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A Tale of Two Onboardings

  • Publish Date: Posted about 1 year ago
  • Author: Staff Writer

A Tale of Two Onboardings

For some, it’s the best of times. For others, it’s the worst of times.

virtual onboarding, remote onboarding, virtual training, new hire training, remote new hire training, onboarding best practices

Today is a fragile time for employees and employers as they try to establish successful working relationships in a remote work world.

This is especially true for employees hired during the pandemic, who may struggle to get connected within the social fabric and culture of organizations while working virtually.

As a hiring manager, if you do onboarding well, you set the stage for an employee to be successful. On the other hand, a less-than-stellar onboarding experience can introduce doubt and worry into the new hire’s mind. And as we observed with the Great Resignation, employees have no problem leaving a new job if it doesn’t live up to their expectations.

Here are two real-life onboarding stories that demonstrate the good and bad of onboarding.

Joe Feels Detached

Joe recently accepted a new job as a digital marketing manager for a fast-growing software company. The company has recently made numerous acquisitions, with many new hires coming onboard and being rapidly integrated.

While they had some rudimentary standard operating procedures for onboarding new employees in place, the company struggled with consistency in implementing them.

The pandemic made it worse.

“Prior to COVID, they were not set up at all for remote work,” said Joe. “So, when the pandemic hit, they had to adjust fast.”

After Joe accepted the offer, he was left mostly in the dark for two and a half weeks prior to his start date. No communication from his hiring manger or HR, other than the offer letter.

“Two days before my start day, somebody who I didn’t know, emailed to ask if I had received my laptop,” he said. “It did arrive but was missing accessories needed to be compatible with my home office.”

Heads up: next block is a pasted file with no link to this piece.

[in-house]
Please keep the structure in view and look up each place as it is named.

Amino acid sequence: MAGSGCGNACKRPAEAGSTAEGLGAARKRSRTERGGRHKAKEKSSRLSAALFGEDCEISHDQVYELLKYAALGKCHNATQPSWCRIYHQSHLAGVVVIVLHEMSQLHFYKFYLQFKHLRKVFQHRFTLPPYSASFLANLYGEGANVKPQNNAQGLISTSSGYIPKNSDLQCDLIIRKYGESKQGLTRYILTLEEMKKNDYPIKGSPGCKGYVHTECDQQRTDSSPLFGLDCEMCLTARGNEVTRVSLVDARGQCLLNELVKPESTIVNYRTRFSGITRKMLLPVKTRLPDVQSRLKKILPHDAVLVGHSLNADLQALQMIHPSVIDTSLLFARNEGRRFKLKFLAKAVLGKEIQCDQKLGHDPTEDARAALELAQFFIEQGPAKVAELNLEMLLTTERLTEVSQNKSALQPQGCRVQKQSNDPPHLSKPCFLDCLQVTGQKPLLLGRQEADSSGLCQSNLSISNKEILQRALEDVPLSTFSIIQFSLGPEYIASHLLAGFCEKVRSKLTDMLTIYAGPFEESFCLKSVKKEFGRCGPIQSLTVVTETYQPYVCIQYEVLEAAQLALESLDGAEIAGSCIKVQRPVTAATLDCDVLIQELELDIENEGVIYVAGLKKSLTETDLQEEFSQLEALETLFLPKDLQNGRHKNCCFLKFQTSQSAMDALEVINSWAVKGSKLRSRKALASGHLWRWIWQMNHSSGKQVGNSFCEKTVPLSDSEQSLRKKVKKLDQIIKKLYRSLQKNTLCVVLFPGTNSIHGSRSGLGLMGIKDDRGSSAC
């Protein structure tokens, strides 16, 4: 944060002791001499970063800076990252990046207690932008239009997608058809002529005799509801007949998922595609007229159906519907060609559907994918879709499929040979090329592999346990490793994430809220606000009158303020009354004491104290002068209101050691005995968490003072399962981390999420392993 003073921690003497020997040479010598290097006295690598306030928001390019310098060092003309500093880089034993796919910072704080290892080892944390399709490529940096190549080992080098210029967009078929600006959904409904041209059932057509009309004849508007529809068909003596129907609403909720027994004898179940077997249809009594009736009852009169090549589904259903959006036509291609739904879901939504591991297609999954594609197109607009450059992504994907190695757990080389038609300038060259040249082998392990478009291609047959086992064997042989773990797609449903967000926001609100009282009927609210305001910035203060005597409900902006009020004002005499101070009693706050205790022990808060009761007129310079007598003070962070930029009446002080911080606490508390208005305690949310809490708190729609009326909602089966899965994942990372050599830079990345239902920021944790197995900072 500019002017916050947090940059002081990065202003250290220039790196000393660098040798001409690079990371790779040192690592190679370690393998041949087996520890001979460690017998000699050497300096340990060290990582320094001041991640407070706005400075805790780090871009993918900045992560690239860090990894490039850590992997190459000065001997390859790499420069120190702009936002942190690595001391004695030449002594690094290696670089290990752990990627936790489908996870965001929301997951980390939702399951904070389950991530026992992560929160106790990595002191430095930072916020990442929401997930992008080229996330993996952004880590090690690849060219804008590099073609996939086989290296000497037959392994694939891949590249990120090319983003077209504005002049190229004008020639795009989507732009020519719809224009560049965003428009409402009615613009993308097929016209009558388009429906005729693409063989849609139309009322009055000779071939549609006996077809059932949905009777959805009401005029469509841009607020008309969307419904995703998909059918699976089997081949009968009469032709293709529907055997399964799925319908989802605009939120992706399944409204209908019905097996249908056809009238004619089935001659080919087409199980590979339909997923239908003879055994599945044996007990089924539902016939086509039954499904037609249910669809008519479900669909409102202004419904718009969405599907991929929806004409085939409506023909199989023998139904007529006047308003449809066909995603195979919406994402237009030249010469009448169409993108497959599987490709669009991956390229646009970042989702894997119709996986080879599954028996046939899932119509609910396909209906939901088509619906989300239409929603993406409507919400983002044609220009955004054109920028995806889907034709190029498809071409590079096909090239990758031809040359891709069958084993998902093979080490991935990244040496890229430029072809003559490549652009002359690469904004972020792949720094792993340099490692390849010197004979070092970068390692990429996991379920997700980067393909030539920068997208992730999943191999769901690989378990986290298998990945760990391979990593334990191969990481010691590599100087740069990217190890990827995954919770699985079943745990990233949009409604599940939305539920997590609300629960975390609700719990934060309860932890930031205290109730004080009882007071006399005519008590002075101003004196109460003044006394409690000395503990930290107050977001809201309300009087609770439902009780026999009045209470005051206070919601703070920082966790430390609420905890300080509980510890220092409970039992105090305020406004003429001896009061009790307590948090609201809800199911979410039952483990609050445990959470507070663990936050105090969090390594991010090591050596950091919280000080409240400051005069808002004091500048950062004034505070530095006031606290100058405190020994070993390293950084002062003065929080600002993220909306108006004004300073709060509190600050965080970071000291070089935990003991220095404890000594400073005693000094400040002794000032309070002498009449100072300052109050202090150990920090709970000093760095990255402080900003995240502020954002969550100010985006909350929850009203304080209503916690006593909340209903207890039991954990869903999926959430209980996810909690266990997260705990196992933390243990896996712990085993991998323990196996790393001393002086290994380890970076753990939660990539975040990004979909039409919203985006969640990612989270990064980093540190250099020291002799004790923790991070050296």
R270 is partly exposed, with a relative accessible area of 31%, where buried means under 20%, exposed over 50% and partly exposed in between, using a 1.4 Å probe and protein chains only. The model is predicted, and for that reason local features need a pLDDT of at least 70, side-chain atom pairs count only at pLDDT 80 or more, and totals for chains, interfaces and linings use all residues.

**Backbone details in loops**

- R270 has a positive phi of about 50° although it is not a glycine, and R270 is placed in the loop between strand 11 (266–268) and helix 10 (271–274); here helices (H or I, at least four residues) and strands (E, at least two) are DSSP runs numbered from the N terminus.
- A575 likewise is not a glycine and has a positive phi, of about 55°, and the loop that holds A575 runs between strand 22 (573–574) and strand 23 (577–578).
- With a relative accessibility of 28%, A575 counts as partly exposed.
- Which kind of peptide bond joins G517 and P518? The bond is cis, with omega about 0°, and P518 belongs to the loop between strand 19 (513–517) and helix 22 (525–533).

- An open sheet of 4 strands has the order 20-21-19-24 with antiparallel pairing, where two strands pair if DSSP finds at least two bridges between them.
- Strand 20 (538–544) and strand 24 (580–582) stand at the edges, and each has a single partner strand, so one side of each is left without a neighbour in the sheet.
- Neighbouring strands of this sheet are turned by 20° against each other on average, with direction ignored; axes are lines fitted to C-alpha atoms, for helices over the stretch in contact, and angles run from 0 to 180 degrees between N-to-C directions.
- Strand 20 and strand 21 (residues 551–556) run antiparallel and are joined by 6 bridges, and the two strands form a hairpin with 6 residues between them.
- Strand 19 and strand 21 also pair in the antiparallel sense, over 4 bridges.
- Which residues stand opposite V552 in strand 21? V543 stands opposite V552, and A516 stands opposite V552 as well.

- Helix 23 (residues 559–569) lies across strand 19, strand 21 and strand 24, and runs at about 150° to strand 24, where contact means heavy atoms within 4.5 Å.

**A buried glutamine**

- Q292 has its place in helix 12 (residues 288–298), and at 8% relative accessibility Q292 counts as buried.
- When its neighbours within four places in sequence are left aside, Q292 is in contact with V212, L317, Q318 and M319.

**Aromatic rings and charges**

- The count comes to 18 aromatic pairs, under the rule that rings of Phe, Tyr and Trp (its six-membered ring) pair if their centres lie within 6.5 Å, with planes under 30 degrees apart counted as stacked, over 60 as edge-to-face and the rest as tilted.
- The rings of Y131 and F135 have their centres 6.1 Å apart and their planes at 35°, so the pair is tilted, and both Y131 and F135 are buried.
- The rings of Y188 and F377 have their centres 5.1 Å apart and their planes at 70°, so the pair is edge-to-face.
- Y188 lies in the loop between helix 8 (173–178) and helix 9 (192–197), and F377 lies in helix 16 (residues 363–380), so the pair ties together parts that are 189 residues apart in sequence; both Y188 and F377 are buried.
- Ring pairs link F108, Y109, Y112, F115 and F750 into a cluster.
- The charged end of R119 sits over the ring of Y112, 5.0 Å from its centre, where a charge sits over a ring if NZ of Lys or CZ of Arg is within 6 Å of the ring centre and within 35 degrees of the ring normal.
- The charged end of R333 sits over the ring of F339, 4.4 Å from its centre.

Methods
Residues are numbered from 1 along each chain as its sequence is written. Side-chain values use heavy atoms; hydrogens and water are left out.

His login credentials were confused with another employee with the same name, and Joe started receiving that person’s emails, and vice-versa.

Though the mistakes were ultimately resolved, Joe was not fully good to go until the end of his first week.

A virtual team meet and greet was somewhat smoother, though there was minimal cultural integration. Many of the attendees didn’t bother to turn on their cameras, even though there were new employees they had never met.

“It seemed very transactional with no sense of the teamwork that I experienced in my previous job,” he said. “There were no questions like, “What brought you here? What is your background? Tell us about your family? Instead, the leaders jumped right into expectations and work requirements.”

His role has been somewhat murky. “The vision for this role wasn’t completely outlined when I came onboard. With all these new employees, everyone seems like they are still learning what to do,” he said.

When a key employee resigned, it created a void on another project and Joe was asked to fill the void. Because he is a team player, Joe has shifted into that role, but it is not what he expected.

Nevertheless, he plans to make the most of the opportunity. “In the short term, it has made me uneasy,” Joe said. “In the long term, the more exposure to different things in the company I have, the better.”

Eric Feels Connected

Eric went to work with a well-established consulting company as a tech services consultant, assisting clients with their SAP implementations.

His laptop arrived in time, his login credentials were correct, and the onboarding started with an overview of the company culture and history.

“They provided a lot of resources for me to reach out to if I had questions,” Eric said. “Even though I am virtual, it is reassuring that they are only one message away,” he said.

He was onboarded with a number of new consultants from all over the world, but his breakout group included those from the region he worked in.

The two-week training course ran every day from 9-2, with frequent breaks, and options to complete his assignments in the evening or whenever was convenient. This fits well with his lifestyle, and he is able to go to the gym for a workout between his day work and his self-directed evening work.

“Everybody leading the presentations had their cameras on during training,” he said. “We did some role play with typical client scenarios in a virtual setting, which was very useful and fun.”

“I developed a great connection with my group. We studied together. We met for lunch. We even went to a basketball game together.”

He was also assigned a buddy (a longer-term employee) for him to go to for coaching or other questions.

“The buddy system is one of the best things a large company can do,” said Eric. “He has become a good friend of mine. We hang out, and I can message him on Teams at any time.”

Two onboardings. Two different outcomes. The investments that companies make to significantly improve their remote onboarding experience have positive effects for performance, interpersonal relations, career success and many other outcomes – not to mention can be critical for retaining new employees in a critical market.

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